Also available via Amazon and Barnes and Noble

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Concept art for my ‘Murmuration’ series

murmuration

A murmuration of starlings is a system that’s ready to be almost instantly and completely transformed, like metals becoming magnetized or liquid turning to gas. Each starling is connected to every other. When they turns in unison, it’s a phase transition (def. – when a substance changes from a solid, liquid, or gas state to a different state. Every element and substance can transition from one phase to another at a specific combination of temperature and pressure.)

At the individual level, the rules guiding this are relatively simple. When your neighbor moves, so do you. Depending on the flock’s size, speed and individual flight physiologies, the large-scale pattern changes. But we don’t know yet what physiological mechanisms allow this to happen almost simultaneously with two birds separated by hundreds of feet and hundreds of other birds.

The implications extend beyond birds. Starlings may be the most visible and beautiful example of a biological transition that operates in proteins and neurons, hinting at universal principles yet to be understood.

More about Murmuration (via Wired)

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Joining #NaNoWriMo

I’ve got a giant and super-messy first draft that I’m trying to put into readable form, so I’m using #NaNoWriMo2016 as a guideline to get me into a 1,500 word-per-day writing/editing schedule.

Word count updates will be here.

If you’re joining and need a writing buddy, I’m ‘Mary P Madigan’

Wishing everyone the best of luck!

Cleaning Out My Illustrations Folder

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A comic about a Repo Lady I worked on years ago with Dean Esmay (he wrote it, I did the sketches)

Morning Yoga

I don’t always do this, but it looks like a good routine –

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J. Robert Oppenheimer talks about the Manhattan Project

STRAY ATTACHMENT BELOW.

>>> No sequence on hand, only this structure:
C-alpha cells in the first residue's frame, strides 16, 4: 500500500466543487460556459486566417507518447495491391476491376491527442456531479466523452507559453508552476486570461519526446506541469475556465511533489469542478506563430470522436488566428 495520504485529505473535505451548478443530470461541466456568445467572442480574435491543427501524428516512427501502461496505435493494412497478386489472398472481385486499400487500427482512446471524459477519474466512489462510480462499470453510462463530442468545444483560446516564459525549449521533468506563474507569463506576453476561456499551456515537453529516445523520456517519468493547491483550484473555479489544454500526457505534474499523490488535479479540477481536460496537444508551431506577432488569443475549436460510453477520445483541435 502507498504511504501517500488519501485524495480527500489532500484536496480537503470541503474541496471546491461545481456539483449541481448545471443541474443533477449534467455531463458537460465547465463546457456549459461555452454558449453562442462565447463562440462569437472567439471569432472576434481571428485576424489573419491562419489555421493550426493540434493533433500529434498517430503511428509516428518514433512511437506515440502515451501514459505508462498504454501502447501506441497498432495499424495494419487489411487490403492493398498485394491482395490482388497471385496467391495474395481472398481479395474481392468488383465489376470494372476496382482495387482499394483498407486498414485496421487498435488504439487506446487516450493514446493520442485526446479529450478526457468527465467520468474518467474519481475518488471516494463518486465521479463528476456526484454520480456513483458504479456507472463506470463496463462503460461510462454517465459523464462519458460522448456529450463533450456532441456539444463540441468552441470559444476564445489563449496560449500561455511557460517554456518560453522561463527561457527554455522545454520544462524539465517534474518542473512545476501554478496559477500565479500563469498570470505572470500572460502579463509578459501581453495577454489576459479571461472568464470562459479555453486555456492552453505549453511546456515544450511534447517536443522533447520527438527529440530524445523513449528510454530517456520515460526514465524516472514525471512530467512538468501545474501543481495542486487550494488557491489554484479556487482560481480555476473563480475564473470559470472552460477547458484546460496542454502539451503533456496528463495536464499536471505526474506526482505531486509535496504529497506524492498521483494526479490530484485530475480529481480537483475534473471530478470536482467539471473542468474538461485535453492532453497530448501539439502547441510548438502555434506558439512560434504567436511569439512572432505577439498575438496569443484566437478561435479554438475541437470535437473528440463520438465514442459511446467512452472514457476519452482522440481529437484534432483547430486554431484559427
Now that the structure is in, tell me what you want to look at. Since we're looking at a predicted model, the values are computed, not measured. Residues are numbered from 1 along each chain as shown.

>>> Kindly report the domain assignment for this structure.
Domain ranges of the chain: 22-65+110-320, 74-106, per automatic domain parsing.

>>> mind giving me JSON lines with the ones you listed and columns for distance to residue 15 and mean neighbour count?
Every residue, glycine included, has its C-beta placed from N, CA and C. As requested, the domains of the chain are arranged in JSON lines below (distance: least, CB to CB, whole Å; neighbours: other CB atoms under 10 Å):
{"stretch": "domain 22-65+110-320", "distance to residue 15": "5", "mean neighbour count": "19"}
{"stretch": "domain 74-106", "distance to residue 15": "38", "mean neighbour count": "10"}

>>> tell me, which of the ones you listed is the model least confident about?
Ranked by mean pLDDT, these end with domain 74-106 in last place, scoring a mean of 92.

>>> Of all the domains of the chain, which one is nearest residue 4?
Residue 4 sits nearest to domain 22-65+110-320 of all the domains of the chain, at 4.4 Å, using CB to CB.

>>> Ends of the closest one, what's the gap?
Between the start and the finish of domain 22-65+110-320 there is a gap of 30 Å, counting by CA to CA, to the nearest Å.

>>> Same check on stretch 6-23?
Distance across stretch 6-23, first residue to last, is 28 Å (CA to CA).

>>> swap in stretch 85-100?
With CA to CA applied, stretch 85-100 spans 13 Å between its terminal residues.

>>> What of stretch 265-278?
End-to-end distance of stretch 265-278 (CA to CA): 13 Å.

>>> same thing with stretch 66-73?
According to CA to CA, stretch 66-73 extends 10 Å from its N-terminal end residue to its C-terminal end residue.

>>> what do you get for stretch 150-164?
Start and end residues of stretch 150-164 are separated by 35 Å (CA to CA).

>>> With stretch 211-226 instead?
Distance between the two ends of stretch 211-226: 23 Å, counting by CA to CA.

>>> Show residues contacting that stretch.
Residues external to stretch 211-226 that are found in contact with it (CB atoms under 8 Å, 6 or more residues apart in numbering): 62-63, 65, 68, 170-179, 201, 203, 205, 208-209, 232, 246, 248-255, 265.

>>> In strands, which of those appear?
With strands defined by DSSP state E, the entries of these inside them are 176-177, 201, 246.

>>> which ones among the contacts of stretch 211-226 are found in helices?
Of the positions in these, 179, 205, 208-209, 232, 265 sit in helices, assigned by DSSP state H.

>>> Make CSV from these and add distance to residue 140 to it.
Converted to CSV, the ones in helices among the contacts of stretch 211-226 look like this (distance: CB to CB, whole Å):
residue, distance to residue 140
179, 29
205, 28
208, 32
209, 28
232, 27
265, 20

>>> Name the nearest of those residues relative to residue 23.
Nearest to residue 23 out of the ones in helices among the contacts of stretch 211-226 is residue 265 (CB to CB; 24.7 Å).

Doing research for my book, tentatively titled “Bye, Bye Blackbird”. Oddly enough, he sounds kind of like Mr. Rogers

Groueff: After the discussion with Lawrence. Was that [Mark] Oliphant?

Oppenheimer: You will have to provide the name because I will not.

Groueff: Okay.

Oppenheimer: And after that, I got interested. Lawrence had this fantastic electromagnetic method that I went into some ways in increasing its effectiveness by a very large factor, which did work but it was just a question of how to design magnetic fields, really. And after Pearl Harbor, there was a meeting setting up the Metallurgical Laboratory and I attended that.

Groueff: That was in Chicago.

Oppenheimer: That was in Chicago, probably the second of January or the 26th of December—it was just after either Christmas or New Year. You can find that out. And during the spring, I did have a communication from [Gregory] Breit asking me if I would like to work with him. But for reasons which are known but not clearly to me, Compton felt that he should have at the Metallurgical Laboratory some group looking into the actual problems of the bomb and not the reactor. And I think he wanted Carl Anderson, a cosmic ray physicist from CalTech, to be in charge of that but Anderson refused. The Project was in bad order, it was thought that it was badly run, they would never get anywhere, and that there were more useful things to do for the war.